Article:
The Bouvier des Flandres is not an attention hound, but it definitely needs a lot of attention. A large dog, bred for herding and farm work is a loving dog that needs to be around their human ‘flock’ or ‘pack’.
Earliest records show Belgium monks at the Ter Duinen monastery in the Flanders region (northern region of Belgium and France) mixing Irish wolfhounds and Scottish deerhounds with local farm dogs until they arrived at the Bouvier standard. Bred to be large and tireless, they quickly became the standard for farm dogs in Europe. Damage done to the Flanders region during World War I and II and the military’s use of the dogs almost led to the extinction of the breed in Europe.
A prized Bouvier, Nic, trained as a trench dog during WWI that later became a champion show dog is believed to be the founder of the Bouvier des Flandres line that exists today.
– Life expectancy is 10-12 years
– Males can be up to 28 inches tall and weigh 75-110 pounds
– Females can be up to 27 inches tall and weigh 60-80 pounds
– Females can have liters ranging from 5-10 puppies in size
– Double coat of fur with the outer coat being coarse and long and the inner coat, fine and dense
Brought to the United States in the 1920s, the Bouvier became a recognized breed by the American Kennel Club in 1965. Protective, strong and intelligent; Bouviers are extremely devoted to their family and love being in on the action. However, do not expect the happy husky puppy treatment when you walk in the door. It is just not their style.
The Bouvier des Flandres is a hairy dog. If not properly groomed on a regular basis their coat becomes matted and will hold onto debris such as leaves and twigs. A good brushing at least once a week will alleviate these issues and keep you and your Bouvier happy. Commonly, they will have cropped ears and a cropped tail. A practice believed done to protect them during skirmishes with farm predators.
Looking very stern and unwavering, any intruder into the Bouviers domain would think twice about any bad intentions. To watch the Bouvier move through the house or outside is an impressive sight, as they appear extremely dignified yet imposing.
Bouviers are excellent family pets. They are extremely intelligent and once trained will respond to a number of commands. Even-tempered and responsible, they are very social pets. Protectiveness is a trait inherent in the breed. They do not need training for it, nor is it something that can be trained out of them. Once bonded with their ‘flock’ the Bouvier will protect it with its life.
Bouviers love children. They are playful with their family. Socializing on a regular basis is a good idea so they do not become sheepish around people or uncomfortable in new situations. They will be naturally aloof around strangers and need to learn the difference between friend and foe. Not prone to biting, but they will start nudging with their nose to move people.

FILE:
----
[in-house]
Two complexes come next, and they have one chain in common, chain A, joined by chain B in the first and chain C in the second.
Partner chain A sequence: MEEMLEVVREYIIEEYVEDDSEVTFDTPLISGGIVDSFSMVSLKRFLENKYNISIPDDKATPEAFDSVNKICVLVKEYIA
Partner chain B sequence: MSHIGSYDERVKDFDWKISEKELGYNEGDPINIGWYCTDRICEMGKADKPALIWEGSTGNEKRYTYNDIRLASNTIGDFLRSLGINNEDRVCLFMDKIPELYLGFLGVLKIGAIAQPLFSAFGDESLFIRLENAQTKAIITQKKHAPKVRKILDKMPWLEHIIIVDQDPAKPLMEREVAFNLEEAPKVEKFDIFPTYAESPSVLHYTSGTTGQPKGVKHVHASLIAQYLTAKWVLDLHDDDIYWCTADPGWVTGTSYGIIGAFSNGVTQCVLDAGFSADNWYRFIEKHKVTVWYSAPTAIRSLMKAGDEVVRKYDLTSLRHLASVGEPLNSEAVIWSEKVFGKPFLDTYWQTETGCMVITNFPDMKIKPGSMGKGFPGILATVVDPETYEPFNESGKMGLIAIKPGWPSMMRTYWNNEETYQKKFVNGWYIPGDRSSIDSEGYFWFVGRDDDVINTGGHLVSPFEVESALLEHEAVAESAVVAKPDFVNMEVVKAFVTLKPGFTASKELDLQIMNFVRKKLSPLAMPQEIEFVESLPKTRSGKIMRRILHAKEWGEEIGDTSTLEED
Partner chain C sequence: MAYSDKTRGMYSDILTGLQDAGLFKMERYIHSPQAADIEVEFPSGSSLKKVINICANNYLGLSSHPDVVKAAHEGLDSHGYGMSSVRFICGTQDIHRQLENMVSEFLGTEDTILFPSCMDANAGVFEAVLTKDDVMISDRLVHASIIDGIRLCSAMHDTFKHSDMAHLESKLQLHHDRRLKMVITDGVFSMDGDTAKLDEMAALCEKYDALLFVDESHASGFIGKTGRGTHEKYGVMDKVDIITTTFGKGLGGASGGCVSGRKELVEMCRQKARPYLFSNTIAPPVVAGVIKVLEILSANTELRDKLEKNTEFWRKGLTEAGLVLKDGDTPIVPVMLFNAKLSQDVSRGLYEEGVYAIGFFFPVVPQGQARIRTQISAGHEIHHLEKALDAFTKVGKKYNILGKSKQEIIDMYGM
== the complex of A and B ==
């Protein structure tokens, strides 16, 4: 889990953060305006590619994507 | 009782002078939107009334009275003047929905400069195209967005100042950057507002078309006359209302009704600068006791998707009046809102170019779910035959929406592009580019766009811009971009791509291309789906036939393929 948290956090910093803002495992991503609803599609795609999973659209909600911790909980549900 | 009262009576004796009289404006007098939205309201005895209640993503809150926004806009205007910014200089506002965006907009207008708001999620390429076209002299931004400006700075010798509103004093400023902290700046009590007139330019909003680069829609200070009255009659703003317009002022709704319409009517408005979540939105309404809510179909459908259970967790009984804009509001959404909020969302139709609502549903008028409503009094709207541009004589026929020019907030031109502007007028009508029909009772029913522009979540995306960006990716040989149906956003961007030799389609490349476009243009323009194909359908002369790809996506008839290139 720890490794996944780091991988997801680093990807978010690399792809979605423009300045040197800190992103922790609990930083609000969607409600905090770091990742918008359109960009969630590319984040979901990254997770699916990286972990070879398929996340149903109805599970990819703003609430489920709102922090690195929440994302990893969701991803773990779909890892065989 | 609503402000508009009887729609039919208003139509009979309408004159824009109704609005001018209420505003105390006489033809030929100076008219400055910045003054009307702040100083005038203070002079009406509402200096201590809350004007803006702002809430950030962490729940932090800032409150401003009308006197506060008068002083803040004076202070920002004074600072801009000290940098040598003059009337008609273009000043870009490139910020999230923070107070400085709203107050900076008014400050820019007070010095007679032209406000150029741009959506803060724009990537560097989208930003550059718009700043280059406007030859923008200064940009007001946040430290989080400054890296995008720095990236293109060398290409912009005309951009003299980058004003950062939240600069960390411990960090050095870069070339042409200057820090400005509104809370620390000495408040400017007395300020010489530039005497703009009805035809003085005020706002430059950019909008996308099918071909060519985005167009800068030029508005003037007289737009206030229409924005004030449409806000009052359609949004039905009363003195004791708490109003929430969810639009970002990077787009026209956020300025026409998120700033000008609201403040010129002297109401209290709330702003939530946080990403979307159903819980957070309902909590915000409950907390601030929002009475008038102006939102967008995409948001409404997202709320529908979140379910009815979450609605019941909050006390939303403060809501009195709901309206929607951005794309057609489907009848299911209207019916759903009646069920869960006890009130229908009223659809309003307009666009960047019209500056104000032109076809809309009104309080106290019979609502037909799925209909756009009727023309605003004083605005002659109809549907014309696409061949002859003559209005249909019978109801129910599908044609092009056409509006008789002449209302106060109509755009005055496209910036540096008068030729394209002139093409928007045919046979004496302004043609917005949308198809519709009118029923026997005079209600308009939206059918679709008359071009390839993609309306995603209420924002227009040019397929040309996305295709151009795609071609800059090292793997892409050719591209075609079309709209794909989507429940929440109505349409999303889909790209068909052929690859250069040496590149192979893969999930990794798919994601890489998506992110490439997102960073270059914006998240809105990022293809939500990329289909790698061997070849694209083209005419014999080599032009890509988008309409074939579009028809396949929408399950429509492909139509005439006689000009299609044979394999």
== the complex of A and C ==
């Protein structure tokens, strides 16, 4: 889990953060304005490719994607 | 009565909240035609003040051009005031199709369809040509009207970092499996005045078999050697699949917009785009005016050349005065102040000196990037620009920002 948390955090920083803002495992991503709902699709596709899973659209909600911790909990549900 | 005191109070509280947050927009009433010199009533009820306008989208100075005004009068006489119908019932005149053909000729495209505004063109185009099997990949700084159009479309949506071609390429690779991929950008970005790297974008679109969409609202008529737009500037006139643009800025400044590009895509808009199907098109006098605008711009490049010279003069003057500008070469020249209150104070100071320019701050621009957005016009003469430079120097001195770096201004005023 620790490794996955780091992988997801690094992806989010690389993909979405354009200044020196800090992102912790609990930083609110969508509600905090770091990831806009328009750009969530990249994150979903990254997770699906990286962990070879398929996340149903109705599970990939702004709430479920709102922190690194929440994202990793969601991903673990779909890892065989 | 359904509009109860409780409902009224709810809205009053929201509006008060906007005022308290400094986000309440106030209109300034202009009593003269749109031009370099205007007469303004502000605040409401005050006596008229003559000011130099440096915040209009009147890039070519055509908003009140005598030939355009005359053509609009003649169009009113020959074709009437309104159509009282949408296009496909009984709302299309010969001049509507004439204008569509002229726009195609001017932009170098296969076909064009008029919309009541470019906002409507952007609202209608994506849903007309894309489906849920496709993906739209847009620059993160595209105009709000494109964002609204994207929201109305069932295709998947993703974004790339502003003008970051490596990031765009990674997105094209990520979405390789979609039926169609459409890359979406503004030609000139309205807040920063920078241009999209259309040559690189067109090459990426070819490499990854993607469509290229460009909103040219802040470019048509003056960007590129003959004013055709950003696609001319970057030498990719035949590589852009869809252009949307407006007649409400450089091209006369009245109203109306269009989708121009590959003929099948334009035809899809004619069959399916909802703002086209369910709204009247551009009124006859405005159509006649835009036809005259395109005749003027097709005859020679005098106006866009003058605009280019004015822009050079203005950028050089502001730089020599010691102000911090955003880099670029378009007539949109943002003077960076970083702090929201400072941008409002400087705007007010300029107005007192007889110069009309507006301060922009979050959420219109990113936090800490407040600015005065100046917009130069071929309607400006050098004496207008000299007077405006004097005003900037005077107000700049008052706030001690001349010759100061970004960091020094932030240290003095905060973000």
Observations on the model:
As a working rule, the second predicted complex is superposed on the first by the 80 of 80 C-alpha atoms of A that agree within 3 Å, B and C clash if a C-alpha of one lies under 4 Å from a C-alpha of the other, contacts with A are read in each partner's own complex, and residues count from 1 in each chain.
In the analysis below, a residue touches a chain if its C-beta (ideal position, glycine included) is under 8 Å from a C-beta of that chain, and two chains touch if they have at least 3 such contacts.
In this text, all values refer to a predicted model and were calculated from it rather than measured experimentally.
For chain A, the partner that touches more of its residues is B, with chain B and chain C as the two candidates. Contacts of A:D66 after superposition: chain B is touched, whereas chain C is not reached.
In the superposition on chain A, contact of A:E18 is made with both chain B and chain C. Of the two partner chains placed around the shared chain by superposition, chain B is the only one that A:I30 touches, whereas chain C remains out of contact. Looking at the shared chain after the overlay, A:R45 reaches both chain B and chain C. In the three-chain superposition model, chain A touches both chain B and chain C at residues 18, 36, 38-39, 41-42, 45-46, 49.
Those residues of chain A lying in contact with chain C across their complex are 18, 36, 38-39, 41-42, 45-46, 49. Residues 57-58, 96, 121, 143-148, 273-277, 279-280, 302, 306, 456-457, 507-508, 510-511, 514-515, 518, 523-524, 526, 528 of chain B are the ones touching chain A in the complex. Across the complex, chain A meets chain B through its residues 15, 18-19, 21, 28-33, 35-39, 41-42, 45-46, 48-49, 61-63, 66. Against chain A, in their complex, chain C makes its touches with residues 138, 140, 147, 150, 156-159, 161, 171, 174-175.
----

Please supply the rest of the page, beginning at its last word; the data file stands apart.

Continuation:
Exercise is important for their happiness and yours. If left with nothing to do, they can become bored and trouble will usually follow.
Bouvier des Flandres does not demand attention, but as stated prior, they need a lot of attention. Lack of proper training, socialization with people and if needed other animals and plenty of playtime with their human ‘pack’ can result in a very unhappy relationship for owner and dog.
If not properly cared for on a regular basis, their fur will start collecting around the house along with any debris picked up outside. Their double coat will make them very uncomfortable if not properly cared for causing them to be temperamental. They also tend to have “shaggy dog syndrome,” because of their type of coat. When they drink water, it absorbs into their beard and drips around the house or food will get into their beard and then deposited on you or the furniture. If you consider yourself a fastidious house cleaner, the Bouvier des Flandres may not be for you.
If not trained properly, they can develop the idea that they are the ‘alpha’ dog. Aggressiveness or shyness can become problematic and lead to unwanted chewing or chasing of moving objects such as kids or other animals.
Because of their intelligence, they require some mental stimulation. Some playtime and a nice walk best accomplish this at least once a day.
Bouviers are very hardy animals. They are not prone to many illnesses, but being a large breed, hip and elbow dysplasia can be concerns. Hip dysplasia tends to be hereditary; a competent breeder will be able to tell you if it is a concern. Elbow dysplasia is a degenerative condition that could result in surgery if it becomes serious enough.
The biggest complaint about the Bouvier des Flandres is if not fed a proper diet they develop flatulence to a degree that cause people to run from the room. A natural diet seems to work best.
References & Resources
Pet Insurance Companies – petinsurancehq.com